I'm not sure I'd describe Tony Jordan – elder statesman of EastEnders and co-creator of Life on Mars – as a non-believer, but to judge from his comments to a BBC press website to promote his new BBC1 series The Nativity, he sounds like what you might call an open-minded agnostic.
Claiming that his knowledge of the Christmas story was confined to his children's school nativity plays, Jordan sought out sceptical historians and scientists as well as devout believers for his research.
"I think if they have got faith then it will reaffirm it and I think if they haven't got faith then I would like to think it might make them think twice," he says of the potential audience of his four-part series, which is being stripped across the week leading up to Christmas. "More importantly, I think it is really nice for an audience to just be reminded of what Christmas is."
These plainly aren't the words of a zealot – and don't zealots make some stinkers. Take The Passion of the Christ – the gospel according to Mel Gibson, the Catholic traditionalist whose 2004 movie concentrated so much on the beatings taken by Jesus that one critic dubbed it "a two-hour-and-six-minute snuff movie". At least the actors spoke in subtitled Latin, Hebrew and Aramaic, so we didn't have to listen to English being turned into a dead language, as it is in most Jesus films.
One of the many strengths of The Nativity is that the dialogue might have been lifted from EastEnders. "Who is the father?," demands Joseph (Andrew Buchan) of Mary, having kicked the furniture around like an enraged Phil Mitchell. "The truth is that you went to Judea and had a few too many glasses of wine..."
I know, I know... that sort of thing can end up very Life of Brian (an excellent Jesus film in its way), but it has to be better than the alternative. In my gap year I had a job as an extra in Jesus, a film shot across Israel and the West Bank. Starring Brian Deacon (then the husband of future Celebrity Big Brother star Rula Lenska) as the Son of Man, this two-hour epic was made by an American outfit called The Genesis Project, who had plans to film the entire Bible. The film apparently holds the record for being the most translated of all time, including into 10 different sign languages – but whatever tongue you hear it in, there's no escaping the woodenness of the dialogue (and this isn't just sour grapes because my big scene as an angel was superimposed by a special effect).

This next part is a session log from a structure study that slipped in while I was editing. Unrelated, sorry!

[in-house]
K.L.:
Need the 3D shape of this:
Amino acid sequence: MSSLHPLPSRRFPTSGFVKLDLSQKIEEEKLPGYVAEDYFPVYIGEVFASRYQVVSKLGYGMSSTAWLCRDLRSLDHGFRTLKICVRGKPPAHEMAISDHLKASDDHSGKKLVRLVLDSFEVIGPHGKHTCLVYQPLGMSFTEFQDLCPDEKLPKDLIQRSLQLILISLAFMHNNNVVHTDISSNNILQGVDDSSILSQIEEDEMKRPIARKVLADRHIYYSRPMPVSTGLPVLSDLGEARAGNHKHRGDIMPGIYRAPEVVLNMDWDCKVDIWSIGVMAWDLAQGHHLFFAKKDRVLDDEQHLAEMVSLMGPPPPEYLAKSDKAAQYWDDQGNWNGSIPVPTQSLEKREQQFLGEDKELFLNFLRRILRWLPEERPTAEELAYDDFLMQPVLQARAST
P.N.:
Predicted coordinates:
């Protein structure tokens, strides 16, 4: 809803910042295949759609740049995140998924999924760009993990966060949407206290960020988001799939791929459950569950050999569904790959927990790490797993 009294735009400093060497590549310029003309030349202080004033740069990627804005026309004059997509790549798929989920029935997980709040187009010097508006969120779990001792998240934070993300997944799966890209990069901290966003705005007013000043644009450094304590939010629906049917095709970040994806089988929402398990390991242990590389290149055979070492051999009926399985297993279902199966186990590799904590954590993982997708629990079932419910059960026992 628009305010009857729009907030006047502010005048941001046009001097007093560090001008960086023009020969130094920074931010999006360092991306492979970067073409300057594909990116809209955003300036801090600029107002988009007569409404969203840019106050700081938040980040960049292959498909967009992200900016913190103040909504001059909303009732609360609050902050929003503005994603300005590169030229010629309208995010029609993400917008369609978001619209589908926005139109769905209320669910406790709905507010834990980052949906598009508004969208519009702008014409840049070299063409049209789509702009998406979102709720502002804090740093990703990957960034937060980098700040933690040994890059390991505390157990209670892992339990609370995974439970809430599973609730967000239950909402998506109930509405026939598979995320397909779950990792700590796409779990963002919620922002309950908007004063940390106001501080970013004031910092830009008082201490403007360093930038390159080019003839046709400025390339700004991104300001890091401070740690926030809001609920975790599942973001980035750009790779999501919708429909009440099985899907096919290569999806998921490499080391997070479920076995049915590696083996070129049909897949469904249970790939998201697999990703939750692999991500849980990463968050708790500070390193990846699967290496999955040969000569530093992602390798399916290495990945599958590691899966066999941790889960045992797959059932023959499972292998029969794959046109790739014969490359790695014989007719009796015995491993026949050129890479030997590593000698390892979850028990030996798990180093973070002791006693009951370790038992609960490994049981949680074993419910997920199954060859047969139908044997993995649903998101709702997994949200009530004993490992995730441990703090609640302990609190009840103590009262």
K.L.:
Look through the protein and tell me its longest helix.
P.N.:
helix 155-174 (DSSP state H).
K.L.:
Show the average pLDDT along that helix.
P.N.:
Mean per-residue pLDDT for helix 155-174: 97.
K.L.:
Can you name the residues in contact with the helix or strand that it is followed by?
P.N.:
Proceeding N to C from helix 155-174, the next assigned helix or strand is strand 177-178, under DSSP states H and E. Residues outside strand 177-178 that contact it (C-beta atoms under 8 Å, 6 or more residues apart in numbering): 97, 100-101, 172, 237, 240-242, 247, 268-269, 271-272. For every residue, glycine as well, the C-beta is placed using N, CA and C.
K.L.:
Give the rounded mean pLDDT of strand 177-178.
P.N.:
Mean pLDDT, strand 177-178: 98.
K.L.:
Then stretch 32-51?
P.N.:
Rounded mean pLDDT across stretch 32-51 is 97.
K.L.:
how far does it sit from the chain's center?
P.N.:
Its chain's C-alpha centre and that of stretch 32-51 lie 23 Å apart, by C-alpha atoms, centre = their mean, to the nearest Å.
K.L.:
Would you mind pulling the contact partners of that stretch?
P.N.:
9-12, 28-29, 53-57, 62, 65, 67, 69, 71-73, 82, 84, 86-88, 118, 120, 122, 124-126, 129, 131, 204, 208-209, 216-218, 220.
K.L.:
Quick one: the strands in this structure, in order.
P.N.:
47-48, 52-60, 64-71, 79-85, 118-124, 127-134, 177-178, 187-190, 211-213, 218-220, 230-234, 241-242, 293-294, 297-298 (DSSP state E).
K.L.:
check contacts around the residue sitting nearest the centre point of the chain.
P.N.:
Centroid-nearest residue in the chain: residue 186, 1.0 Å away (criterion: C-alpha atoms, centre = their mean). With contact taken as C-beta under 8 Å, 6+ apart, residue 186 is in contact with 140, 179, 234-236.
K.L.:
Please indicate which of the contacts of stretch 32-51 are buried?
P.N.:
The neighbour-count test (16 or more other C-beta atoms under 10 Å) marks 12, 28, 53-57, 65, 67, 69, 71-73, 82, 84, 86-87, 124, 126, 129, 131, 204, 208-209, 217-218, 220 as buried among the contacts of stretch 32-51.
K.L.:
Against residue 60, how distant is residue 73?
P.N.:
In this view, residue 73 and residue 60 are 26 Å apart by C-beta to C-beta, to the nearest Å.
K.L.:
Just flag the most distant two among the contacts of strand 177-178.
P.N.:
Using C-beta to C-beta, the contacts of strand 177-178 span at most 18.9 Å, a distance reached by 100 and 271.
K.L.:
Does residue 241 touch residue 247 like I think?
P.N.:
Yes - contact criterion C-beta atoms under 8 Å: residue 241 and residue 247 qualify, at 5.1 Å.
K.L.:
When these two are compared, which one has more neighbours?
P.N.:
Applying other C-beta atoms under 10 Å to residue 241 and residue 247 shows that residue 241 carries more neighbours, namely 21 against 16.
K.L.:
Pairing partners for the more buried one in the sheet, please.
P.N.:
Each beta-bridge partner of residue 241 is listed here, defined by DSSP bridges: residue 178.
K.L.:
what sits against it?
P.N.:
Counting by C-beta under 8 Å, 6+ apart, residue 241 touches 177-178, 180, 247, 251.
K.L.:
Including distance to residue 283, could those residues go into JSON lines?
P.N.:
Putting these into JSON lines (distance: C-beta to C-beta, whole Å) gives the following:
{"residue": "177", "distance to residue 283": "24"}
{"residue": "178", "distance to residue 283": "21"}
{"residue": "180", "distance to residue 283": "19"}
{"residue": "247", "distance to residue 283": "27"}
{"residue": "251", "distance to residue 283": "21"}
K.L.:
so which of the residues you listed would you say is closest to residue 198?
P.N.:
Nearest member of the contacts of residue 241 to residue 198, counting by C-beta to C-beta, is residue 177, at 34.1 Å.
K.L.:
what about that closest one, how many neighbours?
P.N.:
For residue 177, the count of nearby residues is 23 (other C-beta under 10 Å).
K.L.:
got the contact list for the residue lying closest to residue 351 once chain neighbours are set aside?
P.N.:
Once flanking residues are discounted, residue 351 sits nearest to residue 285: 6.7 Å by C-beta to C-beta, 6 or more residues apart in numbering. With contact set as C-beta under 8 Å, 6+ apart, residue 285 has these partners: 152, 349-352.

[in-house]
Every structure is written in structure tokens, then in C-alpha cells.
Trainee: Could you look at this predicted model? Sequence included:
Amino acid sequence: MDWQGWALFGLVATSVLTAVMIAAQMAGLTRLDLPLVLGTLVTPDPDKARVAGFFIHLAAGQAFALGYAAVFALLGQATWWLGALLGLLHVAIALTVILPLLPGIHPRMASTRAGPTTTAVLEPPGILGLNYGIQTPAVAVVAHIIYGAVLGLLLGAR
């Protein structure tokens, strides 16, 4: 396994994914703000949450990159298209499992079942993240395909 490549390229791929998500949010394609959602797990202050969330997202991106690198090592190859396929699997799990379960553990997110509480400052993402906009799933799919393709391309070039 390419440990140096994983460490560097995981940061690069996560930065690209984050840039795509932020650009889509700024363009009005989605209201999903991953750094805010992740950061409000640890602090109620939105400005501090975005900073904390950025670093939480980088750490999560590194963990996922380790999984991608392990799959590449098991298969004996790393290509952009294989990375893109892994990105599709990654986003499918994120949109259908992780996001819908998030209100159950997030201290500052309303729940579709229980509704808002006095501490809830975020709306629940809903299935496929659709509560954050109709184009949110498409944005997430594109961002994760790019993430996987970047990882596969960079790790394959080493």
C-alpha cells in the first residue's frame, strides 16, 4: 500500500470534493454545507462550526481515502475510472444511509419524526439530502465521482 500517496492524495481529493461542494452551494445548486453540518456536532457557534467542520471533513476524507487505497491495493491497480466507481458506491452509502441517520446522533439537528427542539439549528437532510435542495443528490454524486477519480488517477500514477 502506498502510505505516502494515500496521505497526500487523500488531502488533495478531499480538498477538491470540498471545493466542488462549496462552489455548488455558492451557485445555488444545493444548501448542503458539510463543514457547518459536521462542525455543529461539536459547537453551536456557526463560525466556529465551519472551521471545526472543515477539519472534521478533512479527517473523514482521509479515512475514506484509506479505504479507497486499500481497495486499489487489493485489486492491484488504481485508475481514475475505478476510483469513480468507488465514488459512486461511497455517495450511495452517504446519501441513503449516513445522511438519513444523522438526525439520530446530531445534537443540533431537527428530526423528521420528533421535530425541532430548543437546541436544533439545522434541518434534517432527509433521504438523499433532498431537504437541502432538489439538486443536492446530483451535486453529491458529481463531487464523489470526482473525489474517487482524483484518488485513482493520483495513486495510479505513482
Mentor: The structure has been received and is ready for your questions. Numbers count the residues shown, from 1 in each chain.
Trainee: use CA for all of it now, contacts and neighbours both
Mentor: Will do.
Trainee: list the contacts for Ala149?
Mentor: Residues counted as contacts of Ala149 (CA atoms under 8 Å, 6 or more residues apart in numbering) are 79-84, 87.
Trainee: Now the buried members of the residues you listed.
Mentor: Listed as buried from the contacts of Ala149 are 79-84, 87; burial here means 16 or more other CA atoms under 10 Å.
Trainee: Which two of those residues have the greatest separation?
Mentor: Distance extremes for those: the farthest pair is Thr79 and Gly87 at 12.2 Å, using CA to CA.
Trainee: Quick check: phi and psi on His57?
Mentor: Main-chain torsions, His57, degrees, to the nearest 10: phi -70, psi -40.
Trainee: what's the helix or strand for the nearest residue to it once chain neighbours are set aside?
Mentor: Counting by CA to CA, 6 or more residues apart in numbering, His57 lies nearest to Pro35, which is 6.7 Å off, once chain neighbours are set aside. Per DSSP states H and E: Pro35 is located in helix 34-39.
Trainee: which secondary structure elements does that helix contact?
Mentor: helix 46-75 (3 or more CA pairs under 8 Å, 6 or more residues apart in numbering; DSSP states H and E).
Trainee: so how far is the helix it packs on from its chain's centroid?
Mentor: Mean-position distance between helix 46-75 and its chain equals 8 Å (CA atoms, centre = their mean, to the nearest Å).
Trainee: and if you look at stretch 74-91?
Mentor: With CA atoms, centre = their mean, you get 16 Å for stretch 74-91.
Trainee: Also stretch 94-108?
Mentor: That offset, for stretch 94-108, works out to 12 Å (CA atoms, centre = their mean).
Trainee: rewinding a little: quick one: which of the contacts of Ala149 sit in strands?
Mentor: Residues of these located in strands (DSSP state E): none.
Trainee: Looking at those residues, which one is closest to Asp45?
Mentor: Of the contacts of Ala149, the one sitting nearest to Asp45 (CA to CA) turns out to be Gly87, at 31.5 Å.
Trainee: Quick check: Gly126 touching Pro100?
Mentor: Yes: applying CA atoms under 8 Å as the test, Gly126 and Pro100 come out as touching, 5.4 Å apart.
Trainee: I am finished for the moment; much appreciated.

Too much sanctity can be as deadly as too much sugar, and a certain distance is required. Martin Scorsese, a lapsed Catholic who once seriously considered becoming a priest, directed The Last Temptation of Christ, which featured an alternate reality in which Jesus married Mary Magdalene and (briefly) made love to her, and was written – like Scorsese's Taxi Driver – by Paul Schrader, a lapsed Calvinist whose mother used to stick pins in him as a foretaste of hell. And my favourite Jesus film of all, Pier Paolo Pasolini's The Gospel According to Matthew, was made by an atheist Marxist – albeit one with the soul of a poet.
Why are the best Jesus films made by non-believers? I'm not sure I know. Certainty and conviction have a way of getting in the way of good art, while believers seem to end up making a somewhat simple-minded Sunday school sermon. Now I wouldn't want to chuck Tony Jordan into the same hat as Scorsese, Schrader or Pasolini, but at least The Nativity (filmed, like The Last Temptation of Christ, in Morocco) blows a few cobwebs off the crib – and freshens up the nativity story. It's also actually rather well acted. And any drama that gets The Thick of It's Peter Capaldi riding a camel (he plays one of the magi), has to have something going for it.
'The Nativity' starts on Monday 20 December on BBC1
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